There is a small suburb named Ulhasnagar near the Metro city of Bombay ( now called Mumbai) This whole town has flourished on counterfeiting business-not just the electronic parts but almost anything that is produced. These people are clever enough to even put a label on their counterfeit product saying that the product is " Made by USA" instead of "Made in USA" ( And here USA actually stands for Ulhasnagar Sindhi Association and not United States of America )
The smart way of taking people for a ride . Isn't it!
Jennifer, I think as long as there is a big margin between the actual costs and selling cost, there may be chances for counterfeiting. If the margin is less, nobody tries for that. The major motivation behind counterfeiting any product is, making maximum profit with less effort.
Jennifer, counterfeit is a major issue with most of the component supply chain. Sometimes back I read an article that some suppliers have supplied counterfeit components to NASA and US defence production centre. We know that for defence and space application, very high grade components are required, where selection and filtrations are too high. But the supplier made his components pass through such filtration systems by different mechanisms. What I meant is counterfeiting components are creating headaches even for space and defence sectors too.
Sounds like a CHINA, Chinese problem. Any Distributors or Company's that have this type of connections are suspect.
It easy to say buy only from QPL Suppliers and QPL Distrubutors, or buy from large US QPL Distributors. But the US is using large CM'S that are owned by CHINA and they might be operating in the US. The best solution is when the couterfeiting is found get the FED'S envolved, contact NBC, CBS, ABC. The only counterfeiting I hear about is in EBN and Military & Aerospce Electronic News. Maybe the public needs to hear about the counterfeiting of electronic components.
EBN Dialogue enables and encourages you to participate in live chats with notable leaders and luminaries. Not only editors and journalists, but the entire EBN community is able to comment and ask questions. Listed below are upcoming and archived chats.
Thailand Stages a Comeback Join EBN contributor Jennifer Baljko on Thursday August 23, 2012, at 11:00 a.m. EST for a live chat on how electronic manufacturers in Thailand have shored up their supply chain to reduce the impact of future natural disasters.
Microsoft Surface: Potential Winners & Losers What are the implications for the electronics industry supply chain of Microsoft Corp.'s decision to launch its own tablet PC? Join industry veteran and EE Times' systems and OEM expert Rick Merritt on Tuesday, July 3, at 12:00 pm EDT for a Live Chat on this subject.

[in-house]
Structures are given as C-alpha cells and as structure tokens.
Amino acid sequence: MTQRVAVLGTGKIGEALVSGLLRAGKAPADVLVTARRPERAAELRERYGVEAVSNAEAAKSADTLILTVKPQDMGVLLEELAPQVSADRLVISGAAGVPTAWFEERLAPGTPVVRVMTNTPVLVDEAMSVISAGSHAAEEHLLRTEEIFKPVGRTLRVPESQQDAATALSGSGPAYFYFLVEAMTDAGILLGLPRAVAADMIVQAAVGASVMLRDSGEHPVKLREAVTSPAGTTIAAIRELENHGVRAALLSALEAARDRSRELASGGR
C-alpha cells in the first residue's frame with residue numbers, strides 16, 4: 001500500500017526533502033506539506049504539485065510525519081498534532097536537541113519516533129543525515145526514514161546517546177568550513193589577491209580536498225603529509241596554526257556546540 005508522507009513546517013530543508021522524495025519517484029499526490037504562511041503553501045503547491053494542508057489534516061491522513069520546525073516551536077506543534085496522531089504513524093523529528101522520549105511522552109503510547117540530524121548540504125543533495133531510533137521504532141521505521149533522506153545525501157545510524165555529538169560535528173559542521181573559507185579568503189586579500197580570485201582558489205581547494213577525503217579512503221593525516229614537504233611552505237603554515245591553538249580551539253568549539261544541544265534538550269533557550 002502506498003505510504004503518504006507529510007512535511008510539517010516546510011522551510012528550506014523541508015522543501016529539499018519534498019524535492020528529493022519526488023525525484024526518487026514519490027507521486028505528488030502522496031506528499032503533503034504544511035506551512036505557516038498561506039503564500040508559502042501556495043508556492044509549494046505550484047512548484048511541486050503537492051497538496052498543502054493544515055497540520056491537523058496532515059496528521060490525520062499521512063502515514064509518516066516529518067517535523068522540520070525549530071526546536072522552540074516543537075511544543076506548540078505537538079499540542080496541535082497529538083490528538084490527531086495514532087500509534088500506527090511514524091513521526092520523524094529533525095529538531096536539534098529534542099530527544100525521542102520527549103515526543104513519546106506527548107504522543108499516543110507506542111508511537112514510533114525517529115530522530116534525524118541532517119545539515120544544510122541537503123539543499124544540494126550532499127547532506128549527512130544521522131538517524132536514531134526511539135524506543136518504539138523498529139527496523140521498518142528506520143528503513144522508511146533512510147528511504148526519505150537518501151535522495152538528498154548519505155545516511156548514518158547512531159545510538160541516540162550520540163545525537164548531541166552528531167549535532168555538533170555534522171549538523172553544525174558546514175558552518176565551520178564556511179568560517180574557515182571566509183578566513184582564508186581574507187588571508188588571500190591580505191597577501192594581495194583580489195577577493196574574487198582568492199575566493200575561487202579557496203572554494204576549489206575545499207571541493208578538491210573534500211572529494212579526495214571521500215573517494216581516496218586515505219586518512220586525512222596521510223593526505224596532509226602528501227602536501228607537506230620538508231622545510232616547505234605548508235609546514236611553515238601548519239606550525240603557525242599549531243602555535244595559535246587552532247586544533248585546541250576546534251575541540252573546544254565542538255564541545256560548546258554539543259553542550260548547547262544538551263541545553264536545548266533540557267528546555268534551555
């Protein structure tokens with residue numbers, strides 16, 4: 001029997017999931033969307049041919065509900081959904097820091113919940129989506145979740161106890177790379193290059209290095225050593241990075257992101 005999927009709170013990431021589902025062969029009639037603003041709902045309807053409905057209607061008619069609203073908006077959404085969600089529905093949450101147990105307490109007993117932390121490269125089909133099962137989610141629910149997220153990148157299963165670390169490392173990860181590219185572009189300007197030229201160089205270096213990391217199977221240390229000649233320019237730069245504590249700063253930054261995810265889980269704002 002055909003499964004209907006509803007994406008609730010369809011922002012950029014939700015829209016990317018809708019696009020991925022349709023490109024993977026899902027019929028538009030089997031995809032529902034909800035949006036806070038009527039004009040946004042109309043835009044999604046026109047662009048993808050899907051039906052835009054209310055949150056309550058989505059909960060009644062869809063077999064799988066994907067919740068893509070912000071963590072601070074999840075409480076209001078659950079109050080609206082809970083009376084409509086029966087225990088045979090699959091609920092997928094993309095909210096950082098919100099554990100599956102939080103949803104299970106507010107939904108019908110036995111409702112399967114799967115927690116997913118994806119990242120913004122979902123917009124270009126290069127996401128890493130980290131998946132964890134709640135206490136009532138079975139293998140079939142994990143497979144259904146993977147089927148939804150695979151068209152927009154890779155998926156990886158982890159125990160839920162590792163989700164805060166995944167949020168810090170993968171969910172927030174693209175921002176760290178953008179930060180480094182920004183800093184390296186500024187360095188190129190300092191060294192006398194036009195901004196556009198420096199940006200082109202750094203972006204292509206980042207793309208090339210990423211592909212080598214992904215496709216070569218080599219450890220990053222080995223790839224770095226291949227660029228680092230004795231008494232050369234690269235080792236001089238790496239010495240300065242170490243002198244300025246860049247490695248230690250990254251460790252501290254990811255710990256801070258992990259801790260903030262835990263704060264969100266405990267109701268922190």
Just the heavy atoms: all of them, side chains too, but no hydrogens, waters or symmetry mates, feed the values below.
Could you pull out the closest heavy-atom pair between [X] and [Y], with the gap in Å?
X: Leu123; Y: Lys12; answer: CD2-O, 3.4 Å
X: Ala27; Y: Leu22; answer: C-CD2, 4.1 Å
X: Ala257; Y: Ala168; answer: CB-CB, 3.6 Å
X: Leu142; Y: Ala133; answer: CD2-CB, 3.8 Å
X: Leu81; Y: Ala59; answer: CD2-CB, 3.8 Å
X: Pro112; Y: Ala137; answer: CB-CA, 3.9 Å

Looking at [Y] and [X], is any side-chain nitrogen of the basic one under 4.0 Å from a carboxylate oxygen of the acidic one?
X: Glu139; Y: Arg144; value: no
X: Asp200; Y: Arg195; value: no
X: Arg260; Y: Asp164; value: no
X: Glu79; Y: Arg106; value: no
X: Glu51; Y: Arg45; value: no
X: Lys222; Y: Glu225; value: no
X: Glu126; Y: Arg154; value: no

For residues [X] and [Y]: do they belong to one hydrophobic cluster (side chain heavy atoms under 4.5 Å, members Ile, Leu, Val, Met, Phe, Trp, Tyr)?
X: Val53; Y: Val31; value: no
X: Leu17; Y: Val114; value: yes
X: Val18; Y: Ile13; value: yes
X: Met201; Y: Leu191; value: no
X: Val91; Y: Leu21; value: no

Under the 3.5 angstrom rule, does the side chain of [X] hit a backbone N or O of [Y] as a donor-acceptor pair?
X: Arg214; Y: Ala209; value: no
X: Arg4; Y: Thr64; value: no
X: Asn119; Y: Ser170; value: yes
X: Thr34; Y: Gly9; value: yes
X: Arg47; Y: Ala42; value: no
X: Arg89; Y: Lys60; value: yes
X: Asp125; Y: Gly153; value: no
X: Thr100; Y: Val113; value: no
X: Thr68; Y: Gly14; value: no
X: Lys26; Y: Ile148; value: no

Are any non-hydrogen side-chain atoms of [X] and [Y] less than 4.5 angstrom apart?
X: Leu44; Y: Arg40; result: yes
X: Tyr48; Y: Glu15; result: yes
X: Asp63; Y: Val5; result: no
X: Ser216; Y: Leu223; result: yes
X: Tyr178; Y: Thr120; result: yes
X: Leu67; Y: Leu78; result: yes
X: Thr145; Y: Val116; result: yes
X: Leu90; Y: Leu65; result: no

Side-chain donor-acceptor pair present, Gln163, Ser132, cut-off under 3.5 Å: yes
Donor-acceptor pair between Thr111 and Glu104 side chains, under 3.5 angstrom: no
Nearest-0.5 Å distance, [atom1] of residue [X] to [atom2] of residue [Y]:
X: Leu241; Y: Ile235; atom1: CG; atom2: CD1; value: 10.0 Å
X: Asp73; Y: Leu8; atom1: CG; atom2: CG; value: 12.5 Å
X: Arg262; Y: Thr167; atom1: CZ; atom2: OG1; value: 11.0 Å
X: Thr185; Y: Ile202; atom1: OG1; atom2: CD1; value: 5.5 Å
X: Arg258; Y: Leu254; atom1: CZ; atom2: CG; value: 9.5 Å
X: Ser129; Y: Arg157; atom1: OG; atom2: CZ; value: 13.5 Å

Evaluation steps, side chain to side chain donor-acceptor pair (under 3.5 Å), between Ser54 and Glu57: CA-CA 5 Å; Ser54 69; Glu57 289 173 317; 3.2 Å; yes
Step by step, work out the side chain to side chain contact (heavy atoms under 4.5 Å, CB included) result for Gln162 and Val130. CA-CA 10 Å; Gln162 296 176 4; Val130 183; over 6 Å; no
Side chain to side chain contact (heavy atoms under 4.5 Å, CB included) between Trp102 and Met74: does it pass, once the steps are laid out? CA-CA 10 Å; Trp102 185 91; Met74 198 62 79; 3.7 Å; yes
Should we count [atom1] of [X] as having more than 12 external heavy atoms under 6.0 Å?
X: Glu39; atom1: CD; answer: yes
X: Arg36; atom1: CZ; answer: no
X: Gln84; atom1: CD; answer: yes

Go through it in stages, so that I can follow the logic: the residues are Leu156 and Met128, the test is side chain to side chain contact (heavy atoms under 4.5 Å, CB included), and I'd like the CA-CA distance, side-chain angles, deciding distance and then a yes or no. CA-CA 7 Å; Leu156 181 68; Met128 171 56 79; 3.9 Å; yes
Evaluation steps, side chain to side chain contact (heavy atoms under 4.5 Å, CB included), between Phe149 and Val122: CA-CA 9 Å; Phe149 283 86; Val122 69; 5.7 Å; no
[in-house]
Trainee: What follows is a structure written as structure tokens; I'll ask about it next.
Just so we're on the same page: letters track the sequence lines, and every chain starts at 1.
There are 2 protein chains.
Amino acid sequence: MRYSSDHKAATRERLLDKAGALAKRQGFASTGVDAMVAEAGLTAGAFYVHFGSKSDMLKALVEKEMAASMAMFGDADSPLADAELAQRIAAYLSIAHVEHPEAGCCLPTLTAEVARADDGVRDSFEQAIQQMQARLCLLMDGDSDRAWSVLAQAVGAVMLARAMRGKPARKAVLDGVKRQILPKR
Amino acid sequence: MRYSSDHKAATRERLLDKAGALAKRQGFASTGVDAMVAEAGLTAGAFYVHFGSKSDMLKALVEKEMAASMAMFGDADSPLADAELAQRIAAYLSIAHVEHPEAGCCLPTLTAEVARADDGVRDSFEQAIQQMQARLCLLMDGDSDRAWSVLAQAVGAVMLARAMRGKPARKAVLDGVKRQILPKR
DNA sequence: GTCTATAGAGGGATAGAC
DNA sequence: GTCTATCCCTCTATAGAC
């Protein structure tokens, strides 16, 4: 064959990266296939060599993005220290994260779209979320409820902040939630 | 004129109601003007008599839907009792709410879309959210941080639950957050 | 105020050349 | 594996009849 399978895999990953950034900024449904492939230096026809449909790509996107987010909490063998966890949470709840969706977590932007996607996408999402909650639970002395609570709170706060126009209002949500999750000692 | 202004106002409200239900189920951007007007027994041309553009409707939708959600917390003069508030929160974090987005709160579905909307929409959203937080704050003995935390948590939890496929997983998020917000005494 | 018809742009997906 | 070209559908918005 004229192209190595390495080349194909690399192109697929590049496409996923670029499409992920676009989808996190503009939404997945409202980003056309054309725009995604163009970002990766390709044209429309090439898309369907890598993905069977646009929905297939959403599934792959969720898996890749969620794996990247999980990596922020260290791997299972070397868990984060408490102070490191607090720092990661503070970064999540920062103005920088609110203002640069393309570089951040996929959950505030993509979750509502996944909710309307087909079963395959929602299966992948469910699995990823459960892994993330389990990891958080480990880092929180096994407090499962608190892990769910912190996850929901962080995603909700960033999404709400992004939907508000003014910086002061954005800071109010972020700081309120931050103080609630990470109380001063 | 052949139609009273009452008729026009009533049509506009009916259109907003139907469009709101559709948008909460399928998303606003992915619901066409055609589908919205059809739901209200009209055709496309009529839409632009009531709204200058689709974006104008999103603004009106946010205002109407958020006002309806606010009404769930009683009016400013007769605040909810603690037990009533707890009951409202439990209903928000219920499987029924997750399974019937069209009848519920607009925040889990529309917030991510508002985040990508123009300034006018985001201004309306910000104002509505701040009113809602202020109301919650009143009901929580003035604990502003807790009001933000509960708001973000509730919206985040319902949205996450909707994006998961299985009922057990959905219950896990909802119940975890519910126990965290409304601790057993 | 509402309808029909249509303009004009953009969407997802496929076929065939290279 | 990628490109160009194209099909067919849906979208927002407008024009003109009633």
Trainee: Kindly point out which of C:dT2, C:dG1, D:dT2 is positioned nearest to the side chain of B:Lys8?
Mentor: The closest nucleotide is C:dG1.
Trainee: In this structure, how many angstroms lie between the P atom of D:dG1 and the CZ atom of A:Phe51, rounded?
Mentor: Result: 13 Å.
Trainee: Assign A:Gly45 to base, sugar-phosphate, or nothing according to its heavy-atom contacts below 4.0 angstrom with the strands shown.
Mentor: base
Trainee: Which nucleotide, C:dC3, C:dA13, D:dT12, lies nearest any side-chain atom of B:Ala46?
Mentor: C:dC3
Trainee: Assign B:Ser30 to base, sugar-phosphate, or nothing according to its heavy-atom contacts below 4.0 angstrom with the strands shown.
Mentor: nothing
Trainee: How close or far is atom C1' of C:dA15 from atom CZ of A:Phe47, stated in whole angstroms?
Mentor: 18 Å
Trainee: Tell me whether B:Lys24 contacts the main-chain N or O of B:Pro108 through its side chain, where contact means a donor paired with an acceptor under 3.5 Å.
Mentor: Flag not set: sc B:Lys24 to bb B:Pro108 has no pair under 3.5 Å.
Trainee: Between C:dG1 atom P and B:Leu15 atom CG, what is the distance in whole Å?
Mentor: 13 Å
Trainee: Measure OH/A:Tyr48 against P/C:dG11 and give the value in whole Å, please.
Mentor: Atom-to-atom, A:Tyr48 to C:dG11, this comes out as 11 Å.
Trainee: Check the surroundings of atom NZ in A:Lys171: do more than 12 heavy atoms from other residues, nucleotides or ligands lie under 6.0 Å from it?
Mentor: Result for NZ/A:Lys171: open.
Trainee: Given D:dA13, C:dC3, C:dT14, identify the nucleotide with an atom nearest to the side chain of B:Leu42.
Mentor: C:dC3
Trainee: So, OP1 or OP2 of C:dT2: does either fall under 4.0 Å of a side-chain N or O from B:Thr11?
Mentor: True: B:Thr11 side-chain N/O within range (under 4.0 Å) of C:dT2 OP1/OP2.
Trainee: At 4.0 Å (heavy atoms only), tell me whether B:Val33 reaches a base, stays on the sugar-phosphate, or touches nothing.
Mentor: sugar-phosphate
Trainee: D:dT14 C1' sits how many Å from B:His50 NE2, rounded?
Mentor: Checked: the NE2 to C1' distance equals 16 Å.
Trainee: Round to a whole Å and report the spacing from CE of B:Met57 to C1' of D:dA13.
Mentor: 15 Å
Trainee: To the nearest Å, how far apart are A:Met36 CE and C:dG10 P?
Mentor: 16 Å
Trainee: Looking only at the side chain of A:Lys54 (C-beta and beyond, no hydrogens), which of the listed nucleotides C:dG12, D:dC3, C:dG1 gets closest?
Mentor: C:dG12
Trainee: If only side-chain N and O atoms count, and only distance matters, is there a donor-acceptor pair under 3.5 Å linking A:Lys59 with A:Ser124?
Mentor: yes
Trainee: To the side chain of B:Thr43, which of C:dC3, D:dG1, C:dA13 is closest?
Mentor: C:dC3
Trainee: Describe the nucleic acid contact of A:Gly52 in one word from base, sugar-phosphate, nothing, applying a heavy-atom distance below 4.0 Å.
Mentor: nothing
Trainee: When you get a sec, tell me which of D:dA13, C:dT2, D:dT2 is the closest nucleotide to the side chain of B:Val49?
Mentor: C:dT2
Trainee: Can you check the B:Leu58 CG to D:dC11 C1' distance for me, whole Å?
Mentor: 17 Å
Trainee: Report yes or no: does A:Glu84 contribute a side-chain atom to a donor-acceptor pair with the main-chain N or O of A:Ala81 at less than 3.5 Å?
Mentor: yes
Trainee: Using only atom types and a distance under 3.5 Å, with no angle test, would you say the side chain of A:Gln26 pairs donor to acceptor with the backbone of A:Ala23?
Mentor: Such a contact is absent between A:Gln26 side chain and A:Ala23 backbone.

Join EBN contributor Jennifer Baljko on Thursday August 23, 2012, at 11:00 a.m. EST for a live chat on how electronic manufacturers in Thailand have shored up their supply chain to reduce the impact of future natural disasters.
Peter Drucker famously said "Trying to predict the future is like trying to drive down a country road at night with no lights while looking out the back window." Yet in the razor's-edge world of electronics—with a lean supply chain and just-in-time demands—the need to know the future is vital.
While no one really can accurately predict the future, we can take guidance from another Drucker saying which is the best way to predict the future is to create it.
You've heard the saying "the No. 1 supply chain risk is your people." That hasn't always been the case. But today's complex global supply chain requires a new type of multitalented employee. It's one who understands, finance, marketing, economics, is savvy with technology, graceful with relationships and can think analytically.
Where are these people? Are universities properly preparing the next generation supply chain professionals? How do train your existing workforce for these new, demanding positions?
Brian Fuller, editor-in-chief of EBN, will lead a 60-minute Avnet Velocity panel discussion that will ask and answer these and other questions swirling around today's supply-chain talent challenges.